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Dolls of diplomacy 

& & Sheri Boggs & & & &

Toys are as much a part of any given culture as its alphabet, customs, art and music. The anthropomorphic desire to imbue cloth, clay, bits of yarn and beads with human characteristics crosses the boundaries of nationality, race, language and even age. One of the most remarkable things about visiting the Japanese Cultural Center at Mukogawa is not only the number of toys -- there are tops, little wooden playthings, kites and even a beckoning kitty figure -- but the number of dolls as well. Patrice Pendell, activity coordinator at the center, explains that dolls are such a significant part of Japanese culture that they have their own holiday in Japan, Hina Matsuri, which is celebrated in early March.

"Not only is this a huge holiday in Japan," says Pendell, "but it has been celebrated for literally a thousand years."

Small wonder then, that dolls became such suitable ambassadors between Japan and America in 1927 through the work of one man, Dr. Sidney Gulick.

"It was very popular," says Michiko Takaoka, director of the Japanese Cultural Center. "Americans wanted to be involved, and so they did."

Called simply the Doll Plan, Gulick's idea was to send thousands of blue-eyed American dolls to Japan in a gesture of goodwill and friendship. More than 2.7 million Americans -- elementary classes, church groups, ladies societies and boy scouts -- participated, and in early February of 1927, 12,739 dolls were sent to Japan in time to celebrate Hina Matsuri.

"Dr. Gulick said, 'We know that the human exchange is best,' " says Takaoka. "But the next best thing is to send a doll."

The Japanese recipients of the Doll Plan were so touched by the gesture that in turn, 2.6 million Japanese contributed to the commissioning of 58 oversize (32 inches tall), formally dressed dolls, which were sent to the United States in time for Christmas. At least one doll was sent to each state, including Miss Tokushima, which was sent to Spokane and currently resides in the Cheney Cowles Museum's permanent collection.

Although both exchanges of dolls came with hundreds of letters from Japanese and American schoolchildren to each other, the cross-cultural friendship was not to last. The Cultural Center has worked hard to track down the whereabouts of the friendship dolls, and the fates of some are not pretty.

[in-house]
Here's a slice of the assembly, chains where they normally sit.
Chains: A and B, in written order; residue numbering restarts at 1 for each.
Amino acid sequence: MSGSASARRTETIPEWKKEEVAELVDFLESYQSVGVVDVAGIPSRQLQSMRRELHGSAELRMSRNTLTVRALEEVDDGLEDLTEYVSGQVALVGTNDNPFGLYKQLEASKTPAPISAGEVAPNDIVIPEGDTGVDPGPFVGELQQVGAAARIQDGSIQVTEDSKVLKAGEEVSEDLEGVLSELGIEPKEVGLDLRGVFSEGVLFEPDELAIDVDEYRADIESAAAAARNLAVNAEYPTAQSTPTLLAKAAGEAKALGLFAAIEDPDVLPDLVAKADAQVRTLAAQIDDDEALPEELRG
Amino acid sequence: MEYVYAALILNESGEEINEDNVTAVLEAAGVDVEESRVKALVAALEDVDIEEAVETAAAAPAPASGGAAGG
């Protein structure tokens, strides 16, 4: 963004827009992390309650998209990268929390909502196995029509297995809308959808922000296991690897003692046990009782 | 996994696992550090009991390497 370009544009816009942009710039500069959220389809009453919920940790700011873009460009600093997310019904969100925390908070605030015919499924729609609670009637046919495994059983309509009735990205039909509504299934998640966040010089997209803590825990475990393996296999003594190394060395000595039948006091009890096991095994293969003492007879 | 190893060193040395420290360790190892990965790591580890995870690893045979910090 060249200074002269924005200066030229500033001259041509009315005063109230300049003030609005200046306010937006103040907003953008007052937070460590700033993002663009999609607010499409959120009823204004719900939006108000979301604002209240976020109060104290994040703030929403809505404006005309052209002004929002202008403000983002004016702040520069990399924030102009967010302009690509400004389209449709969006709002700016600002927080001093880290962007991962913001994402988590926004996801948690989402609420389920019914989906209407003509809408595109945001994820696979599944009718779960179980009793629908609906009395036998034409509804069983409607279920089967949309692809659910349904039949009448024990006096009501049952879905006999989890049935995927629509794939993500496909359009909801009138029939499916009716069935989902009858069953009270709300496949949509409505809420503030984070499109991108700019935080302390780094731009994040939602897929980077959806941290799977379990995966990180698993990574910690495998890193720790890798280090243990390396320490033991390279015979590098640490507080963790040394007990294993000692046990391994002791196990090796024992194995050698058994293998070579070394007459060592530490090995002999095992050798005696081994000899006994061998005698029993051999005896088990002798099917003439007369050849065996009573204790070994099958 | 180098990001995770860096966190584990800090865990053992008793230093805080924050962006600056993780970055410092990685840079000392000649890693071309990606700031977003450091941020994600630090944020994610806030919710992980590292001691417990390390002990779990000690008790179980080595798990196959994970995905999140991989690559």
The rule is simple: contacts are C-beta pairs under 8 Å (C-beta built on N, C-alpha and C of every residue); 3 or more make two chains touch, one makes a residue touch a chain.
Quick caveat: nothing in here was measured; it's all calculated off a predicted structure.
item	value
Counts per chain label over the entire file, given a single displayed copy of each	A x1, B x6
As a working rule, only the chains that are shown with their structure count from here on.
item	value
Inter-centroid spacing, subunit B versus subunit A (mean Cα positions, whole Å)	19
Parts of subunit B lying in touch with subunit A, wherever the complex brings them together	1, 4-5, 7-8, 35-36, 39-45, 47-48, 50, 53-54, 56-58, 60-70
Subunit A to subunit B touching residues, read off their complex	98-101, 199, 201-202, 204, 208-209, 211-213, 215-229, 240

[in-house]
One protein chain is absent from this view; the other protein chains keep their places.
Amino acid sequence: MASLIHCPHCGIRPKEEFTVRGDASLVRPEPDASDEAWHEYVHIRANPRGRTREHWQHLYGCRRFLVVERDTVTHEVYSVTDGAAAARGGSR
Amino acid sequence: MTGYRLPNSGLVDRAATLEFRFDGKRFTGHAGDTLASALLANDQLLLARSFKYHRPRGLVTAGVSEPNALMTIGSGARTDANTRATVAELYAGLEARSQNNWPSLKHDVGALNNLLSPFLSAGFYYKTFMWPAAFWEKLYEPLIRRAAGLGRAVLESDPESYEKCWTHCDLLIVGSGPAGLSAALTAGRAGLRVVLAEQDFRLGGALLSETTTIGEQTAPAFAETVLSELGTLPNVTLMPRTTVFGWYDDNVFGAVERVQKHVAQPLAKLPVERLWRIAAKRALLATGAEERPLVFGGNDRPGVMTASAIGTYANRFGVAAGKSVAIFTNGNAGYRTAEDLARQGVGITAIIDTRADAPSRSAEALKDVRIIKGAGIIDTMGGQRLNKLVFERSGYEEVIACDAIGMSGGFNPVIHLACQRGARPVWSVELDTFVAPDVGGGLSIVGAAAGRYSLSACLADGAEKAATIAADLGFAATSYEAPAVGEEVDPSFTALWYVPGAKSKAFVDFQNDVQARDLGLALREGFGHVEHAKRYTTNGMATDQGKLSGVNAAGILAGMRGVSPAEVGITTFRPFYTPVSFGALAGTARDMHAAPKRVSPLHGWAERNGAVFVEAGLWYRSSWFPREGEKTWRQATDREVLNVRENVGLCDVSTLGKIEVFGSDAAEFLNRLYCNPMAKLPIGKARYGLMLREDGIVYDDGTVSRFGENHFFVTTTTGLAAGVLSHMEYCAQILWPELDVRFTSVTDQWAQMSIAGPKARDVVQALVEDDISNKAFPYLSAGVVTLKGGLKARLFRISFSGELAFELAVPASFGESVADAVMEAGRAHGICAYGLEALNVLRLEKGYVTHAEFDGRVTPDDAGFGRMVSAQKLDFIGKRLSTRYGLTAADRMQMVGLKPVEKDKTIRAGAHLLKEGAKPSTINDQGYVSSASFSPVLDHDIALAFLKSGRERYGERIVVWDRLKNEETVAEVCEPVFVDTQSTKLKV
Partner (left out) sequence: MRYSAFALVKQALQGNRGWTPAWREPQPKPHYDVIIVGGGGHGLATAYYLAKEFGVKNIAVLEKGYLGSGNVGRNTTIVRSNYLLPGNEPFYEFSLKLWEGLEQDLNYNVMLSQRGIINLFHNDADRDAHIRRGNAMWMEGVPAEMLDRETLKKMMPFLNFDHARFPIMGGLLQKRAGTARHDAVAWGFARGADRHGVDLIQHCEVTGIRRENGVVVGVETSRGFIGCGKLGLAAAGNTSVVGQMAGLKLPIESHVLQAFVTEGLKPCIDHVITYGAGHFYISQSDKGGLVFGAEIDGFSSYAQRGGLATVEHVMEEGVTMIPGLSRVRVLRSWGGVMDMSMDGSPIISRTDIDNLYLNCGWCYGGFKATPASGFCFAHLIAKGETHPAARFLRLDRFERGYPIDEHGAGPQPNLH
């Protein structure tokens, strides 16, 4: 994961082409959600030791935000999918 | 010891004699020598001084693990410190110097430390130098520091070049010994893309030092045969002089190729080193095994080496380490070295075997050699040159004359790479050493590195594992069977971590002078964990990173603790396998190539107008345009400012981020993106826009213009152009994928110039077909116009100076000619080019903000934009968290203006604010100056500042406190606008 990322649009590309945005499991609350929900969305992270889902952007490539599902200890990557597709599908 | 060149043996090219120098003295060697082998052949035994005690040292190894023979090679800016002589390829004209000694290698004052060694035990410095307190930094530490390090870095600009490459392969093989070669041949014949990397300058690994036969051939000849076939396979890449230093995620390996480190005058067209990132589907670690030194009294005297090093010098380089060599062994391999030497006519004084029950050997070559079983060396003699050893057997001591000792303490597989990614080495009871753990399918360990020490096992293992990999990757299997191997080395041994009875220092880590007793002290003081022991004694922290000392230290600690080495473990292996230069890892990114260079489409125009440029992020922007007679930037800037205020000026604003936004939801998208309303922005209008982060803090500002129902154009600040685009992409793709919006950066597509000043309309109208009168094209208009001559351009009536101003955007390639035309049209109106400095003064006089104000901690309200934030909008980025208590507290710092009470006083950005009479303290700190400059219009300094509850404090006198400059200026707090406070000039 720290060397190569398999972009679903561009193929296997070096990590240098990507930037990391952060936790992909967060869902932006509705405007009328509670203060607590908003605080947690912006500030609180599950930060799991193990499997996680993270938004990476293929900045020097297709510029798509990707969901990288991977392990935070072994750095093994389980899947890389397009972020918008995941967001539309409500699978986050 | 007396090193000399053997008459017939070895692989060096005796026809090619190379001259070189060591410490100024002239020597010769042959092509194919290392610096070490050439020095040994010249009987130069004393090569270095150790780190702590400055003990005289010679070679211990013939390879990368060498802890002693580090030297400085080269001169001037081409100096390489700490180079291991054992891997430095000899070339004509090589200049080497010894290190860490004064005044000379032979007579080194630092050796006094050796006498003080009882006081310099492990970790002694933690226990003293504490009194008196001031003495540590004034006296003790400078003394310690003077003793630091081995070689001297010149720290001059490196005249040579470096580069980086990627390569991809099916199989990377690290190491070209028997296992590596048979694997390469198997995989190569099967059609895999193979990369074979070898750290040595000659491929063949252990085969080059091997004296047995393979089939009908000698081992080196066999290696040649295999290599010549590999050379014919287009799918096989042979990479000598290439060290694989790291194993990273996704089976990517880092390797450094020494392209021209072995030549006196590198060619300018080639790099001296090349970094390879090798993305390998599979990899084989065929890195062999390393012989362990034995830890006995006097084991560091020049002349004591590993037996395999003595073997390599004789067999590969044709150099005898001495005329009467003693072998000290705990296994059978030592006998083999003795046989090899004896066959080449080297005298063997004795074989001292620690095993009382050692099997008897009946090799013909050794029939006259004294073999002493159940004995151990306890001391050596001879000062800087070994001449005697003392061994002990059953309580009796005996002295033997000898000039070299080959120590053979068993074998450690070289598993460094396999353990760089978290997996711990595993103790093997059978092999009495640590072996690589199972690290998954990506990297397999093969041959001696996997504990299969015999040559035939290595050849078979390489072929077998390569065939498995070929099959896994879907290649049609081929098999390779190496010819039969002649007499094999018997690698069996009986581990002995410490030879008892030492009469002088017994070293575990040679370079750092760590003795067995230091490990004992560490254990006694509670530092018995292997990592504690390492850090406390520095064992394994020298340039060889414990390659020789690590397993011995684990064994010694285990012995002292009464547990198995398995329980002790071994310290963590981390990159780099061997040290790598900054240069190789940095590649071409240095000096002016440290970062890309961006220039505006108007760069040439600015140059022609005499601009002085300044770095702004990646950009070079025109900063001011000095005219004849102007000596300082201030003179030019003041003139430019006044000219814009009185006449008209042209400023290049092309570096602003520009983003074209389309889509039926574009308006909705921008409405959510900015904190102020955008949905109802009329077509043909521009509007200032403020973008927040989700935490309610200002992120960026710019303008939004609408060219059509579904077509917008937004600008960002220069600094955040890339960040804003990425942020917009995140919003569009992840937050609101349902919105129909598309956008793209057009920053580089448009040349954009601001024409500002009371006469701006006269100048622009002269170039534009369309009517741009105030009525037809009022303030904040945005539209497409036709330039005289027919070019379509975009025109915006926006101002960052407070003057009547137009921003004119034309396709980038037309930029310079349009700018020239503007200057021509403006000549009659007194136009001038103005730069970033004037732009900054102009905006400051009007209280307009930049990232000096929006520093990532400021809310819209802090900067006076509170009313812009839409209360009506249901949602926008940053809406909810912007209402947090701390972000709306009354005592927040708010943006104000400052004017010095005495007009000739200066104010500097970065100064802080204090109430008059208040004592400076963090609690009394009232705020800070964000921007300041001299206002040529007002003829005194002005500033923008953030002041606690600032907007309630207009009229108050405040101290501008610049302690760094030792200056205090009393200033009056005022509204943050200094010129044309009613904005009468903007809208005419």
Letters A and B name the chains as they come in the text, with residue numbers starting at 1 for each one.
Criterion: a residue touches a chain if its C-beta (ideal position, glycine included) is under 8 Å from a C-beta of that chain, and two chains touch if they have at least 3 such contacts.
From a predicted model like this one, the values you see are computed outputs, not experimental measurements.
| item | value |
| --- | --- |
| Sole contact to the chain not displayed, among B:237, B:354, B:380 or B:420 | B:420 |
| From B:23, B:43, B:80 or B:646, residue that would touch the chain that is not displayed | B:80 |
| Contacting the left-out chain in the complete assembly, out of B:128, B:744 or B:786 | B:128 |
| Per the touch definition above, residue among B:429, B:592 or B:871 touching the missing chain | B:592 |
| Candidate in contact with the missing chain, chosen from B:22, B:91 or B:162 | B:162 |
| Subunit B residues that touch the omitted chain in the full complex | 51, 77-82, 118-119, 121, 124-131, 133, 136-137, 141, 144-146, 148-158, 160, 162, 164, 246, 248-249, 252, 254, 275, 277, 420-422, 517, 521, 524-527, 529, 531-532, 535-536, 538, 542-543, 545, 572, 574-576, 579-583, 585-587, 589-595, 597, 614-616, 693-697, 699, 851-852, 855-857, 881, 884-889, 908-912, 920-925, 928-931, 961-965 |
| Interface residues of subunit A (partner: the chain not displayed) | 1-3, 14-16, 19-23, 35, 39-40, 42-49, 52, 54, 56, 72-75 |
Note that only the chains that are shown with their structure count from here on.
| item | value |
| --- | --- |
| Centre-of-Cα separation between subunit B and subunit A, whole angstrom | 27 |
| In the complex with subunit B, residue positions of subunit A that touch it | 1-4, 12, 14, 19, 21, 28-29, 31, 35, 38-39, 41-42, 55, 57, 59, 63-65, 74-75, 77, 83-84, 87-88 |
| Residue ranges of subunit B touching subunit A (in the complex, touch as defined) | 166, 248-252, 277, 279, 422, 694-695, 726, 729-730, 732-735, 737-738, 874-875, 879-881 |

"During the war, many of the dolls were broken and are gone forever," says Takaoka, showing me a photograph of one of the American dolls, her clothes torn and her face cracked. "This one, she was abused."

In 1993, the Cultural Center revived the custom, with the help of Mukogawa's Women's University in Nishinomiya, Spokane's sister city. The people of Nishinomiya and the surrounding region of Hyogo Prefecture, Washington's sister state, donate money and dolls to the program, which are then sent to schools, hospitals and organizations across the United States.

"We've been sending new dolls out to schools in all 50 states," Pendell remarks. "So far we've sent out more than 800 dolls."

For American children, the dolls are a remarkable window to view another culture.

"The kids are really curious about the people who sent them this doll," says Pendell. "They want to know why and know more about where the doll comes from."

In turn, the American students send American dolls back to Japan, and the Cultural Center has several photo albums filled with pictures of the U.S. Ambassadors, many of whom have bright red yarn hair and bright black eyes.

"Raggedy Ann is by far the most popular," says Takaoka, flipping through an album that also includes a large number of the popular American Girls series of dolls. "There are not too many dolls like Raggedy Ann in Japan, they are mostly Barbie-type dolls."

The tradition comes full circle every March when the Cultural Center invites local children to take part in the Mukogawa's Festival of Dolls. In addition to local dignitaries being present, teachers from doll recipient states as far away as Rhode Island and Kentucky come to visit as well. Local kids often bring their own dolls to take part in the pageantry and history of the event.

"Exchanges like this really reach kids. It gets the kids to wondering where did these dolls come from, and stimulates study about Japan," Pendell pauses and adds, "And it gets the Japanese students curious about America. They might get a doll from Wyoming and then look at a map and wonder, 'Where is Wyoming?' "

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